Less affluent, lower income consumers more favorable towards mobile ads: report
By Chantal Tode
March 22, 2016
Mobile advertising drives incremental sales lift for CPG brands
Consumers have widely differing opinions when it comes to mobile advertising, based on affluence and income levels, with the wealthiest consumers among the most annoyed by these messages, according to new research from IXI Services.
The Equifax division took a look at the attitudes toward mobile advertising for different economic sectors and uncovered some interesting insights. Among consumers in major metropolitan areas, consumers worth less than $100K find mobile ads entertaining or informative while the more affluent find them irritating.
Many marketers or data companies might intuit that consumers feel differently across generations and levels of affluence, but it was still surprising to see that borne out in the data, said Jeff Sporn, senior vice president and general manager of digital solutions at IXI Services
, a division of Equifax. As you might guess, the younger and less affluent consumers are more entertained and informed by mobile ads than their older counterparts.
Meanwhile, more affluent consumers are more likely to be irritated than informed by mobile ads, which marketers might not necessarily guess, he said.
This proves the importance of segmentation as a means to craft, personify, and realistically implement a handful of creative executions, offers and messages that are tailored and engaging to the intended consumer.
IXI Services provided the cohort segmentation and Gfk MRI the survey data for the report.
Consumers in a major metro region who are under 35 and worth less than $100K find mobile ads entertaining. Affluence here refers to how much a person has in assets.
Other consumers in this wealth bracket are apt to find mobile ads informative. This is true for consumers in a major metro area between 35 and 54 as well as those between 55 and 64. Consumers in this bracket who live in small cities or small towns and rural areas also find mobile ads informative.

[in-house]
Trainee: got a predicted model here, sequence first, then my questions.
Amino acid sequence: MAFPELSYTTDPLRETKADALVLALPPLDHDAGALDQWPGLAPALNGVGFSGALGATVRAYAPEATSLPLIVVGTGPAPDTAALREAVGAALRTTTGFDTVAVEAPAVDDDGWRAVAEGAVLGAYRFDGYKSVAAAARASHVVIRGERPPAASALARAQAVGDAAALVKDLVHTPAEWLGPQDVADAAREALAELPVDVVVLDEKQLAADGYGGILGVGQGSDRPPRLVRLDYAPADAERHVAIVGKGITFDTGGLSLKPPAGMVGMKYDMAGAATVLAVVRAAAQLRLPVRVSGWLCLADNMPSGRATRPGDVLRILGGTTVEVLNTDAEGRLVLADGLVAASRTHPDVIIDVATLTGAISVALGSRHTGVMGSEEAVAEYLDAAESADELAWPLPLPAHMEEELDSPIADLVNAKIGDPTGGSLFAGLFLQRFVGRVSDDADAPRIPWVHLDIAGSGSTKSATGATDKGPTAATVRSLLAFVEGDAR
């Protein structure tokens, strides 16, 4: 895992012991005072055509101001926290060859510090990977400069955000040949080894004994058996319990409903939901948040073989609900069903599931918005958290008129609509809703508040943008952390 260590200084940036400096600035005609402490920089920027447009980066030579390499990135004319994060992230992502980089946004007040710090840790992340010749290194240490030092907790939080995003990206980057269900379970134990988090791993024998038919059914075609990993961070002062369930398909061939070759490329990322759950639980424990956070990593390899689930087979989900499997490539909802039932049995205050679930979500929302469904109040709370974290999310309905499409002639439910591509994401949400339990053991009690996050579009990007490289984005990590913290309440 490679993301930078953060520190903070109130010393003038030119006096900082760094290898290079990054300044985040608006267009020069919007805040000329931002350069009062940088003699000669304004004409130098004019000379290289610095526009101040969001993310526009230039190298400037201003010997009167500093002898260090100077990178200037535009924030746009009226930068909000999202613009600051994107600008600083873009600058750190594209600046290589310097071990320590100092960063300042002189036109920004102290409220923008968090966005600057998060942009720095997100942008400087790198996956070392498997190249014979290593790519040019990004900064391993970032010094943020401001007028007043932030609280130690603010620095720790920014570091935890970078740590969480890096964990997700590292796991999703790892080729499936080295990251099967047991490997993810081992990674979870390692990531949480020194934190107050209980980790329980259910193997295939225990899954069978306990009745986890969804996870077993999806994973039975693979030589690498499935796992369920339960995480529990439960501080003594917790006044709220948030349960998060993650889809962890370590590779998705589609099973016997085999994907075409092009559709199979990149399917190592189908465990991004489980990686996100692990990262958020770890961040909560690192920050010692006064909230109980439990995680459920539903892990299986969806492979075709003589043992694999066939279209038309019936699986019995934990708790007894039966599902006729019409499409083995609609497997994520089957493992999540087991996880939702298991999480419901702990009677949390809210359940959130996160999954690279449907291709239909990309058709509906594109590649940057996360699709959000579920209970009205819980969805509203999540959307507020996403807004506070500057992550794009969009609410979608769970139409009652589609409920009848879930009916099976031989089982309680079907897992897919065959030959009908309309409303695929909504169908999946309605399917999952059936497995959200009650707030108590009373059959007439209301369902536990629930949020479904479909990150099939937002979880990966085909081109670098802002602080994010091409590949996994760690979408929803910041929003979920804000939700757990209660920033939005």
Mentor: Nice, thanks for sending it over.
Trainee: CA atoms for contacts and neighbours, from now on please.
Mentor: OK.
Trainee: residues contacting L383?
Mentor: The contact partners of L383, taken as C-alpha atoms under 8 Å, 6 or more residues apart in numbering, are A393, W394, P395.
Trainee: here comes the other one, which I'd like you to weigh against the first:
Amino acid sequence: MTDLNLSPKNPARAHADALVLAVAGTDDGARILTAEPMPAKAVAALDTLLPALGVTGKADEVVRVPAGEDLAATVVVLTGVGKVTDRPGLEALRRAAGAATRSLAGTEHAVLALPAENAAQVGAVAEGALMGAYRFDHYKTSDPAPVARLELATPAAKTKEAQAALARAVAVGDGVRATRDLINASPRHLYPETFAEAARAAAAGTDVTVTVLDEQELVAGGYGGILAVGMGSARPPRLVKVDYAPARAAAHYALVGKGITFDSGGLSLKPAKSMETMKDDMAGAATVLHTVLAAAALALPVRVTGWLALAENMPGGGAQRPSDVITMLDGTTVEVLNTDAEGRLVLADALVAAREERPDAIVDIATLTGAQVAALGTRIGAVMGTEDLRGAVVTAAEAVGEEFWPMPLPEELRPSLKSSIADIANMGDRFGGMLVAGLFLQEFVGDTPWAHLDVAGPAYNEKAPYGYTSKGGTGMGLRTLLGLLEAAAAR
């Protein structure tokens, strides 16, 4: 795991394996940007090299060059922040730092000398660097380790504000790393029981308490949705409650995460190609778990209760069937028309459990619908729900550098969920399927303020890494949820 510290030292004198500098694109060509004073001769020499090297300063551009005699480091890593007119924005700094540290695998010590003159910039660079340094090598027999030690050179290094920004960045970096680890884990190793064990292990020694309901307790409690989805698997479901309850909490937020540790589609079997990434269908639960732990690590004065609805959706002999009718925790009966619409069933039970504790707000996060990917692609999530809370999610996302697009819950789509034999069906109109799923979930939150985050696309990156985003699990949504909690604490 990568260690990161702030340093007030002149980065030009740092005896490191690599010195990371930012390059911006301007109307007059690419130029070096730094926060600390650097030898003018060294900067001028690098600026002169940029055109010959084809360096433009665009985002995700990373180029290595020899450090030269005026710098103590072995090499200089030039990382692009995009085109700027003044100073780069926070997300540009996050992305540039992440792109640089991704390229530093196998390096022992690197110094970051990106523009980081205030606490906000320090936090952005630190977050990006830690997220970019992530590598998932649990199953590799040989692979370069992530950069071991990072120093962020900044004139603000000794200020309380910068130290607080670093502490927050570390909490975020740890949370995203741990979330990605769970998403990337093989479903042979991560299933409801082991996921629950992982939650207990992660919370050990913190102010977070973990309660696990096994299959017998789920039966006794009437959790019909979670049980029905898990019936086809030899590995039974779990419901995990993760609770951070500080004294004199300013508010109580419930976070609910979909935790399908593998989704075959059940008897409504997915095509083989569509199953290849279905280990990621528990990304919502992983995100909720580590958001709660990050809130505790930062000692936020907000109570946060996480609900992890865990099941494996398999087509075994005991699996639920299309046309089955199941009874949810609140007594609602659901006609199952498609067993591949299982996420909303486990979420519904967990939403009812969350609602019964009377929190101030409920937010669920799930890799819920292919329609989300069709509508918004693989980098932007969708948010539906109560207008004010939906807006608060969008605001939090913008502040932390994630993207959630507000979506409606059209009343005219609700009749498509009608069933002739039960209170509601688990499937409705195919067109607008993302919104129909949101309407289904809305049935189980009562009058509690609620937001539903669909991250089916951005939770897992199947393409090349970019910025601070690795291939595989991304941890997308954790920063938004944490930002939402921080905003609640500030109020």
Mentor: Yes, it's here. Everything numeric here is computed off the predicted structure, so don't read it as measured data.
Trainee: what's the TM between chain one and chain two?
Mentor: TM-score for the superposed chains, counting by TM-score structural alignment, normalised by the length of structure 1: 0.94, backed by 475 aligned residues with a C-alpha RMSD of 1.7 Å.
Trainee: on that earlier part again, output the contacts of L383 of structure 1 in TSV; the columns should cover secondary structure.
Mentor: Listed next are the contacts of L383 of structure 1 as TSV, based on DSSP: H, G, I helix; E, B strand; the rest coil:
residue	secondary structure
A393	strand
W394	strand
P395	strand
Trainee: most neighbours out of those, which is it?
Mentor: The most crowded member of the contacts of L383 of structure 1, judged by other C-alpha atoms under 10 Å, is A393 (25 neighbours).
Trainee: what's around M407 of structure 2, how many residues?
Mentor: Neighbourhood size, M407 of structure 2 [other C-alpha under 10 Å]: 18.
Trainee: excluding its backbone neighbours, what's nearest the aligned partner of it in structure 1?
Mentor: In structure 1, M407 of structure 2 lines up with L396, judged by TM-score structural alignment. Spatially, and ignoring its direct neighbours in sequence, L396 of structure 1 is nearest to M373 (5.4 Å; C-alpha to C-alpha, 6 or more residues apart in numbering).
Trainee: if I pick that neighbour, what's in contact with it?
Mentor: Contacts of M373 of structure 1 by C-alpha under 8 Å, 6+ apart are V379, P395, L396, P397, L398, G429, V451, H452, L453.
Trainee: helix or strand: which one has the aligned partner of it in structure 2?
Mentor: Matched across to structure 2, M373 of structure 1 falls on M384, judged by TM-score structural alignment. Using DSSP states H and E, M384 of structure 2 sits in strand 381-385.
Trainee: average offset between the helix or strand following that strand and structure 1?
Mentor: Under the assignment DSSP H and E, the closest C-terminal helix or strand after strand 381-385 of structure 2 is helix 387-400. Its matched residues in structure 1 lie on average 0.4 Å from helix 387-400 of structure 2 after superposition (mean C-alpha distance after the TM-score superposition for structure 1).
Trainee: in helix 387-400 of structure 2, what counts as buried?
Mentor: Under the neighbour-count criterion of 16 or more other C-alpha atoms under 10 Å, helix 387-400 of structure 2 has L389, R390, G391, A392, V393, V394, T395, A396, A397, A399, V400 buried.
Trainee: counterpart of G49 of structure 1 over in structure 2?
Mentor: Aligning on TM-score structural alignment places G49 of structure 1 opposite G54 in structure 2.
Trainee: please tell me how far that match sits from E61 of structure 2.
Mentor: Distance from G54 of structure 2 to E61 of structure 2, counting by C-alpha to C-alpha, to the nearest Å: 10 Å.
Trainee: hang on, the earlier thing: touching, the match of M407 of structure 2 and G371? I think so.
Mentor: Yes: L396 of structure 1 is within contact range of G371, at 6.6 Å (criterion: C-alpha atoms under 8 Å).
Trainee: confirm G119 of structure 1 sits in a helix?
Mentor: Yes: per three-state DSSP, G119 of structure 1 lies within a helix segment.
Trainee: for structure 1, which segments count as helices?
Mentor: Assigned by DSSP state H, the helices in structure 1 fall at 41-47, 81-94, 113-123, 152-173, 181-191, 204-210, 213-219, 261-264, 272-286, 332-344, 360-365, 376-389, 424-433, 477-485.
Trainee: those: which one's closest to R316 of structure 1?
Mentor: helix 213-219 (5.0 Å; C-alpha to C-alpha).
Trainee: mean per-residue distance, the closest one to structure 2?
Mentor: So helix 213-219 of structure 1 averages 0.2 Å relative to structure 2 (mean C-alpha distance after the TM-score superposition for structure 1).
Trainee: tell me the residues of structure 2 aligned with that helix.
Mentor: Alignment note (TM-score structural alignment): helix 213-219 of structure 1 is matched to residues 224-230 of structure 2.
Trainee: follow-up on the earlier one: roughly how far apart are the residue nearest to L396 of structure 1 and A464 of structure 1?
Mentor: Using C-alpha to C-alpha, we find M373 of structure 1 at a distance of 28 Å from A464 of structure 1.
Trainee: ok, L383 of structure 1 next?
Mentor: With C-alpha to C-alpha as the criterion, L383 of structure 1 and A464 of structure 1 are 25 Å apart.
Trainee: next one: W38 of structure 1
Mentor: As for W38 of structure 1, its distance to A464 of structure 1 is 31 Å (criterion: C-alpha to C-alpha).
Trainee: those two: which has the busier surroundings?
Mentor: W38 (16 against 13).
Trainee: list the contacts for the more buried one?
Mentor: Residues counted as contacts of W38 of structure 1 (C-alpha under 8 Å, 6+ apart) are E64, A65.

The one exception in the under $100K bracket is consumers living a major metro area who are older than 65. This groups prevailing attitude toward mobile ads is that they are not entertaining.
Consumers worth between $100K and $1 million are not as favorable towards mobile ads. In fact, mobile ads are viewed as irritating by consumers who live in a city and are under 35 or between 35 and 54. Older consumers and those in small cities and rural areas, find them not informative.
Interestingly, affluent consumers worth more than $1 million find mobile ads irritating across all age groups and geographic locations. The exception is affluent consumers in small towns and rural areas, who merely find mobile ads not informative.
While mobile may be an increasingly popular way to send advertising to consumers, consumer groups at different levels of age and affluence have very different attitudes towards mobile ads, Mr. Sporn said. If you dont consider this, you may be potentially harming the efficacy of your advertising and ultimately negatively impacting your brand in key segments of your audience.
Marketers serving ads to these audiences should consider these variations when building their campaigns, he said.
Removing geography and simply looking at sentiment by income and age shows a slightly different picture.
Consumers in the lowest income bracket, under $50K, have the most favorable attitudes towards mobile ads while those in the $50K to $100K range are neutral towards mobile ads, except for those under 35, who find them entertaining and informative.
Higher earners between $100K and $200K are mostly neutral towards mobile ads. Those making more than $200K find the ads irritating, except for consumers under 35 in this income bracket, who find the ads entertaining.
Marketers should use these insights to be mindful of the formats and content they use to advertise, Mr. Sporn said. That doesn't mean they should avoid advertising to groups that have expressed higher levels of irritation it means they have to take several factors into account.
For example, if you are aiming to reach Elite income consumers in the 35-45 'Working Years' group, be aware that a screen-wide ad experience may have comparatively great viewability potential, but may also be more likely to irritate this audience than it might other audiences, he said. In this case, marketers might consider avoiding ad formats that interrupt the user experience and opt instead for a less intrusive format.